Uncertainty, Certainty and what to do when there is Systemic Risk

Third conversation between Nassim Nicholas Taleb & Yaneer Bar-Yam about uncertainty, certainty and what to do when there is a systemic risk; what not to do when a truck is headed your way. How acting early would have cost less? They also discuss:

  • John Ioannidis recent post “we are making decisions without reliable data”
  • Why we should make decisions without reliable data & use precautionary principles
  • How the costs would be so much smaller if we would have acted earlier.

Jan 26 Coronavirus Paper (PDF) – Joseph Norman, Yaneer Bar-Yam, and Nassim Nicholas Taleb, Systemic risk of pandemic via novel pathogens – Coronavirus: A note, New England Complex Systems Institute (January 26, 2020).

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Nassim explains the Kelly criterion

Nassim explains the Kelly criterion and illustrates why “risk aversion” in Behavioral Finance is Micky Mouse(™) Science.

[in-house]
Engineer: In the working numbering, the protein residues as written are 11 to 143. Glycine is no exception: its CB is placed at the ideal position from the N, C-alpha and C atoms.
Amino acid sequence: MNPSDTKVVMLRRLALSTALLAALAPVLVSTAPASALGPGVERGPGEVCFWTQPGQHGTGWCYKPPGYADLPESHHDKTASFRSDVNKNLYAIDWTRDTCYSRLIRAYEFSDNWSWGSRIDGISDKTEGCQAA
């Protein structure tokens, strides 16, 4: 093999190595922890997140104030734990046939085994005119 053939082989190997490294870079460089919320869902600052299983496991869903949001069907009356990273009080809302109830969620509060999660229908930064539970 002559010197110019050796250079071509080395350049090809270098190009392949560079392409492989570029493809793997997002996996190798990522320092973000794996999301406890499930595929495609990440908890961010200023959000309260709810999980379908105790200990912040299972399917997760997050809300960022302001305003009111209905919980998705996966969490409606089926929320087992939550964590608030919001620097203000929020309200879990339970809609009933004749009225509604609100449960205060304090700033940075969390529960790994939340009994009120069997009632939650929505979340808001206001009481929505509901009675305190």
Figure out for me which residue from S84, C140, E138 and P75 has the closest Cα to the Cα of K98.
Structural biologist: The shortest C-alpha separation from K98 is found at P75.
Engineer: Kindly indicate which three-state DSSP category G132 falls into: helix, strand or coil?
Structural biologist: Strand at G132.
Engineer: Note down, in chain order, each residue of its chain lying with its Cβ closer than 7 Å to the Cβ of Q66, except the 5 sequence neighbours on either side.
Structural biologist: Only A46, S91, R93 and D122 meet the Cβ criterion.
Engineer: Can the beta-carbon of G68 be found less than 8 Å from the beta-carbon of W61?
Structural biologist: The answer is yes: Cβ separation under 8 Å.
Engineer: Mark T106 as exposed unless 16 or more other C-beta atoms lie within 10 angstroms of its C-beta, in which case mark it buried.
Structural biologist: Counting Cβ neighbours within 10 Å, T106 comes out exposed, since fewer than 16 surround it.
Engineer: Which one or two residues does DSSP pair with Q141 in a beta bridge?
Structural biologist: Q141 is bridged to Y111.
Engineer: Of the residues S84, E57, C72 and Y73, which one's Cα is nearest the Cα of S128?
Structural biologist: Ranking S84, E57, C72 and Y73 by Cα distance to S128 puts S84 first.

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Foreword to Carlo M. Cipolla’s The Basic Laws of Human Stupidity

‘A classic’ – Simon Kuper, Financial Times

The five laws that confirm our worst fears: stupid people can and do rule the world.

Since time immemorial, a powerful dark force has hindered the growth of human welfare and happiness. It is more powerful than the Mafia or the military. It has global catastrophic effects and can be found anywhere from the world’s most powerful boardrooms to your local pub. This is the immensely powerful force of human stupidity.

Seeing the shambolic state of human affairs, and sensing the dark force at work behind it, Carlo M. Cipolla, the late, noted professor of economic history at the University of California, Berkeley, created a vitally important economic model that would allow us to detect, know and neutralise this threat: The Basic Laws of Human Stupidity.

If you’ve ever found yourself despairing at the ubiquity of stupidity among even the most ‘intellectual’ of people, then this hilarious, timely and slightly alarming little book is for you. Arm yourself in the face of baffling political realities, unreasonable colleagues or the unbridled misery of Christmas day with the in-laws with the first and only economic model for stupidity.